Fiona Simon: [00:01:36] Well, that's that's the absolute first and best question. Great. That's right. So hydrogen really has this fundamental role to play to support renewable electricity and batteries for us to move to decarbonising our whole economy. Hydrogen basically is our saving electricity in a molecular form, much like current liquid fuels or fossil fuel gas methane. We have a molecular form for that energy, and it actually means that you can then transport energy out very long distances. You can transport it not only through space, but also through time. You can you can store it for long periods without losing the energy value. So first of all, where it makes sense to electrify things and the economics work, the engineering works, we absolutely support the lowest cost way of getting to to net zero to decarbonise the economy. But there are areas where using renewable electricity straight from the farm or straight from the grid or using batteries doesn't work so well. These are the areas where having energy in a sort of molecular clean molecular form allows you to do more. The first sort of big examples that come to mind here things like shipping and aviation, these are not uses that you can plug them in, and the batteries in that kind of use can actually just infeasible or can can reduce payload to such a degree that you wouldn't actually be able to use those forms of transportation. So that's where hydrogen comes into its own because it's a means of being able to decarbonise these really hard to abate parts of our economy. And it extends to things like green cement, green IoT, green steel. There are really high temperature processes and areas where in fact existing uses for hydrogen are there, but it's sort of the fossil fuel version. And if we convert this to the green version of hydrogen, we can decarbonise heavy industry as well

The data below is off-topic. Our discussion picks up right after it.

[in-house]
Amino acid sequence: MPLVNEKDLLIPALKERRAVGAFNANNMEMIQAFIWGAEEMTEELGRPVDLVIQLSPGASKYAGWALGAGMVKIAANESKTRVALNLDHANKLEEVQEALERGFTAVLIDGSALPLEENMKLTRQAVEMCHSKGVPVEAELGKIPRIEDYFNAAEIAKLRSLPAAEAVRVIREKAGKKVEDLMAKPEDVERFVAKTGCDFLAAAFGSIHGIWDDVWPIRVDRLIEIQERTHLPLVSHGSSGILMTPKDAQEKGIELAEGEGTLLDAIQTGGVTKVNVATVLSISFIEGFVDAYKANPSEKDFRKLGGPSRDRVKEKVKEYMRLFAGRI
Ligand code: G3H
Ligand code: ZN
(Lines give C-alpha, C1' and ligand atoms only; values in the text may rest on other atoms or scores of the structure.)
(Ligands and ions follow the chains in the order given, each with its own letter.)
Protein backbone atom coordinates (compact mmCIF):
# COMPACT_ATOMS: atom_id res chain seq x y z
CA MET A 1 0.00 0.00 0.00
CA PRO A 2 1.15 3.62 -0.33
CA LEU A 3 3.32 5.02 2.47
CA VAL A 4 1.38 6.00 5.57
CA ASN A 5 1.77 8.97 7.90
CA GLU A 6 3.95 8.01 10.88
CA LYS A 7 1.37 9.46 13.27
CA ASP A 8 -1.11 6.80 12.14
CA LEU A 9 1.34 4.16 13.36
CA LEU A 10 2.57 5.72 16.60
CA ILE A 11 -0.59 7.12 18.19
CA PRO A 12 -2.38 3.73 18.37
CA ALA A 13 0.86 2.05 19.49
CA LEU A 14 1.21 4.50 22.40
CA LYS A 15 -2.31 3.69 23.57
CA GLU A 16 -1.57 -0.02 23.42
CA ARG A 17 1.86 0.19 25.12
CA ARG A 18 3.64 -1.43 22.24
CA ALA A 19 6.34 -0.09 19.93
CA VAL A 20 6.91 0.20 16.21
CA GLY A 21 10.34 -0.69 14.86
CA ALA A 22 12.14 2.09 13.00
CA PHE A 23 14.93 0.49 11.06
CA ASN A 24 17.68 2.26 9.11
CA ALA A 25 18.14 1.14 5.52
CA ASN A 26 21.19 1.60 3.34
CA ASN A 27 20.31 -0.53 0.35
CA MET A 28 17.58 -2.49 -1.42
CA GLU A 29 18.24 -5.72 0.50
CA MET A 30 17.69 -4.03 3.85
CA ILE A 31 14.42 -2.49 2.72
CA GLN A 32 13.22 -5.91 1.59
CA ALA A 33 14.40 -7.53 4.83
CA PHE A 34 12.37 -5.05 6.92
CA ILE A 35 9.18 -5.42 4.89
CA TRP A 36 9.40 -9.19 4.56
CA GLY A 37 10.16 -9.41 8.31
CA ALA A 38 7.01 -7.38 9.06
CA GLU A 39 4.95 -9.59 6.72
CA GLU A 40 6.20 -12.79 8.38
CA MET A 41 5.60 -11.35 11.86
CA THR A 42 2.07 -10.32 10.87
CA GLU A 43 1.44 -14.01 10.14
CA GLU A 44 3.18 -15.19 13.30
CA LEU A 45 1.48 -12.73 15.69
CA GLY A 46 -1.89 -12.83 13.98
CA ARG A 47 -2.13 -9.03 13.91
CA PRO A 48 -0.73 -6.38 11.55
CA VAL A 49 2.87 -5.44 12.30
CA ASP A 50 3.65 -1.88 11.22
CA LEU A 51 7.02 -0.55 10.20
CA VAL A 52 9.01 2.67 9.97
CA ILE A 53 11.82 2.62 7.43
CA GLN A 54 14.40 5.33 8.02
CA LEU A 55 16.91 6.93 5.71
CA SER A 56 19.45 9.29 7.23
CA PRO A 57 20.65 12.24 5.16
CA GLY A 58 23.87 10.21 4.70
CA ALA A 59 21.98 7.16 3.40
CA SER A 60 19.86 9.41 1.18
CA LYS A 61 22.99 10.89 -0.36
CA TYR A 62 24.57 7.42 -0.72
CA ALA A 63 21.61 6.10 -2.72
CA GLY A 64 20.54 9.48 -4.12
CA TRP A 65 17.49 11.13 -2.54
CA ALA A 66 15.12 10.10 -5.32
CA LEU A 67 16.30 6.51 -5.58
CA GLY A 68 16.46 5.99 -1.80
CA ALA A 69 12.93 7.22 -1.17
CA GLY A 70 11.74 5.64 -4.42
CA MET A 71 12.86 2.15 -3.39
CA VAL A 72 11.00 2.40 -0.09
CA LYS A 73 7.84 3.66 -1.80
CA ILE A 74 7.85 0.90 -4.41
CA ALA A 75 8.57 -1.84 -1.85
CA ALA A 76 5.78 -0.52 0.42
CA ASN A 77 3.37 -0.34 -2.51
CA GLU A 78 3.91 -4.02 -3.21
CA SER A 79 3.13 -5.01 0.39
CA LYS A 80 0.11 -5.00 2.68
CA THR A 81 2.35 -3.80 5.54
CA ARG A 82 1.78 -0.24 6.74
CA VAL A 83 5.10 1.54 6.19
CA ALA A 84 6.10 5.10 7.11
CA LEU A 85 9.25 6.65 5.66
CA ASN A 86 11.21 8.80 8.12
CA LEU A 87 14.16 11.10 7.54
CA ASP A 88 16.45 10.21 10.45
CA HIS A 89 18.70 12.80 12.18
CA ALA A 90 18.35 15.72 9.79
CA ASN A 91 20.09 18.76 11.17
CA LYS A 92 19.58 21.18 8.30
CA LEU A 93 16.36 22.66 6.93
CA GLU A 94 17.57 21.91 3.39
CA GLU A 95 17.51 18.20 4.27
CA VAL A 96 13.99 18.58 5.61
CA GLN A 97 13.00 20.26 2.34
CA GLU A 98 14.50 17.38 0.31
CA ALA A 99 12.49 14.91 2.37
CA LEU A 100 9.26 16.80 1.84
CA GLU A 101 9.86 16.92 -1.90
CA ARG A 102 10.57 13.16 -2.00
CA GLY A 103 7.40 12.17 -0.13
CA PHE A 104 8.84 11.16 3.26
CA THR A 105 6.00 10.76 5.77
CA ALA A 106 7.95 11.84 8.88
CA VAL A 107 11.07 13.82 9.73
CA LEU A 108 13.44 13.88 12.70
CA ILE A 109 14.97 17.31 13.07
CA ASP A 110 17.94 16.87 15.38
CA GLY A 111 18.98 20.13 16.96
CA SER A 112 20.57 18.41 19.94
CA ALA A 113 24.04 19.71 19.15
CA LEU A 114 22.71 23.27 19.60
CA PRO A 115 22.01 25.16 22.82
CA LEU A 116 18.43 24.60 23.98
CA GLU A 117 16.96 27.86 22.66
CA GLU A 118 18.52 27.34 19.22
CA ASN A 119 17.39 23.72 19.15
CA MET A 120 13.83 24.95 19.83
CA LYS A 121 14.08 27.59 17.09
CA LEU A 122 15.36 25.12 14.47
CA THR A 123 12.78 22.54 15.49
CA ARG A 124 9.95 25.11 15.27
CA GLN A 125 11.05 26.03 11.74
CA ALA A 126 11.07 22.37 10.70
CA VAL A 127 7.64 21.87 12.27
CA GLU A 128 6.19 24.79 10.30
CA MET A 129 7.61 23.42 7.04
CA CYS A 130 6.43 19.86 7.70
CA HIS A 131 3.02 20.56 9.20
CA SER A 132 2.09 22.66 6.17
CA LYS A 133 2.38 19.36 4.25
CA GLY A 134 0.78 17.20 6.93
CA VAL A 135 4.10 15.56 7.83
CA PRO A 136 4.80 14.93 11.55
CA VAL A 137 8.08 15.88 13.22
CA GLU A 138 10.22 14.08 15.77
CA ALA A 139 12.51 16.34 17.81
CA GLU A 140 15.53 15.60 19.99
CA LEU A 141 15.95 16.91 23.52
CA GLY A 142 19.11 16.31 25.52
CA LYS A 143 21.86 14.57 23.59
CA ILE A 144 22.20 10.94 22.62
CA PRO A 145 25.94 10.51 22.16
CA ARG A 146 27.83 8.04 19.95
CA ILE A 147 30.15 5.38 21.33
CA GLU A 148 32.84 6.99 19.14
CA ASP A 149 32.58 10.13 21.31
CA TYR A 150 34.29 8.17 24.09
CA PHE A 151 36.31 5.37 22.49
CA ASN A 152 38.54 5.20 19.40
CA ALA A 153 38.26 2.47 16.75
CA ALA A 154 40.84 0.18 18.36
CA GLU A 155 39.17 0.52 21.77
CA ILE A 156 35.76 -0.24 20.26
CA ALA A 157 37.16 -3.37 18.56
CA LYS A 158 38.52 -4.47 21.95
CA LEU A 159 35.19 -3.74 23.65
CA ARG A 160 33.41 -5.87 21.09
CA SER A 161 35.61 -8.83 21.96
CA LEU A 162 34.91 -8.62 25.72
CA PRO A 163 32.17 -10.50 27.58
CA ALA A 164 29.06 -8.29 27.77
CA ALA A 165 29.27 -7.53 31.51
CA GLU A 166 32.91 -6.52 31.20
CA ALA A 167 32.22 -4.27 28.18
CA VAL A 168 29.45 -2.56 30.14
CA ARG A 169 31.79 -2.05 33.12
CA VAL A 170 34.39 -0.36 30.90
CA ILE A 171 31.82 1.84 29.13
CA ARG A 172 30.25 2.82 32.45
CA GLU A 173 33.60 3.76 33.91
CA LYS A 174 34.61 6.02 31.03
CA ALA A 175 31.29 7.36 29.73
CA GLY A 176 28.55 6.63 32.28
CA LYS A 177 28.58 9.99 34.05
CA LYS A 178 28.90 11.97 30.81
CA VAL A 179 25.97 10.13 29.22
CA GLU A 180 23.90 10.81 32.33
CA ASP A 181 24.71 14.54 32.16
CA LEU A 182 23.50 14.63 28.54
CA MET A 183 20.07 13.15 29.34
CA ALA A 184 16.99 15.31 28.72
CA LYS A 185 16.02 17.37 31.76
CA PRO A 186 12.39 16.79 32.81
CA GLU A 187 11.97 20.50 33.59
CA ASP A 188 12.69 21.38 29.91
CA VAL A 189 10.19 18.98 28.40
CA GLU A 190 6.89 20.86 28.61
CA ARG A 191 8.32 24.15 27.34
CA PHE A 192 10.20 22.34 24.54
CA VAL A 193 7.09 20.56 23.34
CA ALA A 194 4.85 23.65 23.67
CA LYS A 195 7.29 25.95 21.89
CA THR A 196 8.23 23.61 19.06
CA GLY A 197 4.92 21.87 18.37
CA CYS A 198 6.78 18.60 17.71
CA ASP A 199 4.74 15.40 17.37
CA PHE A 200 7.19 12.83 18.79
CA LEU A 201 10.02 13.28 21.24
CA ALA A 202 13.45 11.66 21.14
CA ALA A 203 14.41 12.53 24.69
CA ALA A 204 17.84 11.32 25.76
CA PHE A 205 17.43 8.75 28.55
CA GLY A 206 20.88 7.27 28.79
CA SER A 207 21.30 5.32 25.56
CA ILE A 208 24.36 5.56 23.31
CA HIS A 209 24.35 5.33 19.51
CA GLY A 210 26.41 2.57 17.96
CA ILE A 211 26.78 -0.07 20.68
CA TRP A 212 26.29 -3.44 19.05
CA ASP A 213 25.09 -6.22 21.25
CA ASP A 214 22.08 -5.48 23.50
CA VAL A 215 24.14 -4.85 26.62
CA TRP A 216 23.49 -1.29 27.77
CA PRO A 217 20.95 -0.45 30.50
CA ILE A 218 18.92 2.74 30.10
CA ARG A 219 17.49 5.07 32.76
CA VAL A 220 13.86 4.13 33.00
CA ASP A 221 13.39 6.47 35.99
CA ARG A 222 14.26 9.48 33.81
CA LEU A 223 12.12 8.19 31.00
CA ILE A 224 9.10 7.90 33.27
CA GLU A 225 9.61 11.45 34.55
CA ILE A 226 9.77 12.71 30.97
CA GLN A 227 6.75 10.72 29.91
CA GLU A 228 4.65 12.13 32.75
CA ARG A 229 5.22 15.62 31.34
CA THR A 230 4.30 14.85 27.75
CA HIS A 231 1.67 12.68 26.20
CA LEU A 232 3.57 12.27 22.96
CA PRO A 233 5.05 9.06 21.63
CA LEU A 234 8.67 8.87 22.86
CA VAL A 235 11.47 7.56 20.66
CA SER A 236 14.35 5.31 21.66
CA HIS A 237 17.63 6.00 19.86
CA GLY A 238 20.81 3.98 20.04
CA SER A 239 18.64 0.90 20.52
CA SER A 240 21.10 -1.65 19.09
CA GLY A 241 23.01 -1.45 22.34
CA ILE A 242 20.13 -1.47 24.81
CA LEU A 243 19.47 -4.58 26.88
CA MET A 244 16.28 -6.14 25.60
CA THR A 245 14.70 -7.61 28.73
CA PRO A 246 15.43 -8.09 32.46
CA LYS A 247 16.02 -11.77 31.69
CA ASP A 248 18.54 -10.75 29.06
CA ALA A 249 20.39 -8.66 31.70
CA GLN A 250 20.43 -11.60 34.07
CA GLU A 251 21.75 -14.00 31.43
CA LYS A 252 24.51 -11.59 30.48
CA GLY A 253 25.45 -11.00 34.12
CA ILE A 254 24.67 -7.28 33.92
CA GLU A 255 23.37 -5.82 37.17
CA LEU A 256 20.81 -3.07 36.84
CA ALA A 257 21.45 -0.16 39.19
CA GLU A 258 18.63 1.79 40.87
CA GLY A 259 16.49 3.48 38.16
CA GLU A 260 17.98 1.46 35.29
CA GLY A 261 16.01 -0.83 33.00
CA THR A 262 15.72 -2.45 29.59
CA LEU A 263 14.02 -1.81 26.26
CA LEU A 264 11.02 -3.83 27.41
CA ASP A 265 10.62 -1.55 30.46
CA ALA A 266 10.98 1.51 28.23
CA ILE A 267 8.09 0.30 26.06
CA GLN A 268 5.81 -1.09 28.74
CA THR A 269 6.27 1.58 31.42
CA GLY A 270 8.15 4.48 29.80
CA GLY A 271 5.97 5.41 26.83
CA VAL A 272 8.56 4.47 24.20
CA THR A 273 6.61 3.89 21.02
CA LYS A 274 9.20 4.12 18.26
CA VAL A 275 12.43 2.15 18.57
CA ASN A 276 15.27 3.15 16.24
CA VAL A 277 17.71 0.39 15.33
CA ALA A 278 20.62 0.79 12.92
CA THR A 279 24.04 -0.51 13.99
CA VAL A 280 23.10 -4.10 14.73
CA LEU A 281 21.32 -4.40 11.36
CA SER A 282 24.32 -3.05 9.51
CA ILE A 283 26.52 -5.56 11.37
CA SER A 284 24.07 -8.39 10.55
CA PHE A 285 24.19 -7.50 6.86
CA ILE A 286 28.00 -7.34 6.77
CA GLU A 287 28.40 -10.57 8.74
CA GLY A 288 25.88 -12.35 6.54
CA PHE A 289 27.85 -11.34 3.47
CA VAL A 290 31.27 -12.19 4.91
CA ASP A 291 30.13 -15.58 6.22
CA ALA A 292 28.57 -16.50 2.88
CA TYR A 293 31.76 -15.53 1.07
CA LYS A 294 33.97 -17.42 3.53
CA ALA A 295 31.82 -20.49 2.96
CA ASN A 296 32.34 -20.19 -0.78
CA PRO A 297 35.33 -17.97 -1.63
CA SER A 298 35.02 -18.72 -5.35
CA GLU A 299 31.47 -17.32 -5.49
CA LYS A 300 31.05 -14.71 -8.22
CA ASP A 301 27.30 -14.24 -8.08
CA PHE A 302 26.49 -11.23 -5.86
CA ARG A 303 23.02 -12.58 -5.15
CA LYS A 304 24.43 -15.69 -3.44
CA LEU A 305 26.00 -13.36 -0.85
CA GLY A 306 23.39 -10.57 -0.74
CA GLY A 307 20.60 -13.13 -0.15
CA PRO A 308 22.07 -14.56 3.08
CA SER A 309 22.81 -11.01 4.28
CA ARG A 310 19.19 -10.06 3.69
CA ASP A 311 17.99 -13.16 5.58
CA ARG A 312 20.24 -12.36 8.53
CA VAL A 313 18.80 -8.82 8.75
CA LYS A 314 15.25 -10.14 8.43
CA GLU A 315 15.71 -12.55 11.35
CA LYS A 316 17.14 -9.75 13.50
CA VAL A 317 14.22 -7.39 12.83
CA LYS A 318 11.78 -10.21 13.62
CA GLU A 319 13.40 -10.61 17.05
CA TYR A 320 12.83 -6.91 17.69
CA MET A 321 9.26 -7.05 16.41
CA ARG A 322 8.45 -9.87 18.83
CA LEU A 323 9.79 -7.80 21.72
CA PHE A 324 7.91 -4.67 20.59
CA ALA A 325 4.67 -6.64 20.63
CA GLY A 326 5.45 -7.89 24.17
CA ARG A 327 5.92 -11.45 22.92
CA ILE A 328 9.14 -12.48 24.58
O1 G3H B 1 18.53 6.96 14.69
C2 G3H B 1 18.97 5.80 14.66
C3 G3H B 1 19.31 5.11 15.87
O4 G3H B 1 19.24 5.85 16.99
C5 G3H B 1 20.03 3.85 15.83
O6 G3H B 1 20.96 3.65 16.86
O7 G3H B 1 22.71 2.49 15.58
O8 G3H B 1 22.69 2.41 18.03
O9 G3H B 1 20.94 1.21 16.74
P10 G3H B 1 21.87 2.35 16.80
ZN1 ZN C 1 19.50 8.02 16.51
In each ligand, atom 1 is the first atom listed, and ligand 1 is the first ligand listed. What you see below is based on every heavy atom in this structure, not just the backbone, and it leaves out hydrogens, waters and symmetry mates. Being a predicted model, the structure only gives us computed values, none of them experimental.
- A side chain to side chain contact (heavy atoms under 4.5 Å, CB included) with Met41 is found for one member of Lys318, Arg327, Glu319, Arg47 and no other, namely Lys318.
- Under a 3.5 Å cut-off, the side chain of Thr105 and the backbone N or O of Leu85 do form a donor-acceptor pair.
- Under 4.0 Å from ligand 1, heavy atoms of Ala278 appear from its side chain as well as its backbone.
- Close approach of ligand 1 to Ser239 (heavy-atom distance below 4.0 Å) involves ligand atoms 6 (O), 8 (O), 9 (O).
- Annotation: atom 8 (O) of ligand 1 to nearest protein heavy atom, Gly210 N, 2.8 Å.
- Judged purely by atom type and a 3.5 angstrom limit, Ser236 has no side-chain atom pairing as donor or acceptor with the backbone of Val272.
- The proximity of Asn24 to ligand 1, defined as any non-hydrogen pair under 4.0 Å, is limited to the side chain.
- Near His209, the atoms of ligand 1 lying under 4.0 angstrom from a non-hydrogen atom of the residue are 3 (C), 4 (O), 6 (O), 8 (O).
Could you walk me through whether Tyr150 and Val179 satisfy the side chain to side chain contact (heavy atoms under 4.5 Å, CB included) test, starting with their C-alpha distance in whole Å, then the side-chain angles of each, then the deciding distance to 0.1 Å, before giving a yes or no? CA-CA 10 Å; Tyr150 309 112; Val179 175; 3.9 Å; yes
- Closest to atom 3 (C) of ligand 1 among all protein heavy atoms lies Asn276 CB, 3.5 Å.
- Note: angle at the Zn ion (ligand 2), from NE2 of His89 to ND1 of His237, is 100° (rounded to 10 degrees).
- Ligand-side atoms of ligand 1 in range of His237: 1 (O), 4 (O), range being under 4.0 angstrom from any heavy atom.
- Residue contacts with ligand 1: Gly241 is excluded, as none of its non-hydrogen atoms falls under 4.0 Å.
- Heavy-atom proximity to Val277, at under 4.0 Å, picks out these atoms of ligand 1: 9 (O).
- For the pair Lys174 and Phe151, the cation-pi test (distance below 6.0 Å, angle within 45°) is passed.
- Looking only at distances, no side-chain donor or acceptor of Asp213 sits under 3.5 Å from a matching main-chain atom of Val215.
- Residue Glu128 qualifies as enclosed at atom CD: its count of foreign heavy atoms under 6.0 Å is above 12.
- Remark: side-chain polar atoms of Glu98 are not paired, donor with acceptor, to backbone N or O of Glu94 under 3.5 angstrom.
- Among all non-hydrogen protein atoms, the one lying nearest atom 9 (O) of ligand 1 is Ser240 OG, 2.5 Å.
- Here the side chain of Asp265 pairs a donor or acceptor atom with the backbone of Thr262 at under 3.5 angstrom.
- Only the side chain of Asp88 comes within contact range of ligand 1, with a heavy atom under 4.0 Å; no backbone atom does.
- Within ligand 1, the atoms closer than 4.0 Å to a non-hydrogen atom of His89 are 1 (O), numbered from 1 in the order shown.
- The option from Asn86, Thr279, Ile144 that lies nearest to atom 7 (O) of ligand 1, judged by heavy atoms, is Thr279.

Alec: [00:03:32] when we generate renewable electricity from solar farms or wind turbines. It's sort of a use it or lose it situation. You use the electricity or you lose it unless you store it now. Battery storage has some use cases, but it's not really where it needs to be in terms of being able to provide, you know, like the scale that we need and where hydrogen comes in. It's the opportunity to store that energy, transport it and use it when and where we need it in the future. 

Fiona Simon: [00:04:01] Yeah, that's right. Absolutely. With electricity generation, you need to be able to use it sort of almost instantaneously. And with batteries, you know, there's a huge benefit, but they don't last forever. The energy will leak away. Or you do end up with sort of enormous rates of battery, which will reduce the efficiency of things like that, as I said, ships and heavy trucks and things like that. So that's where hydrogen as a as a means of storing renewable electricity energy in its in its molecular form does allow you to then have that through space and time version of taking your energy.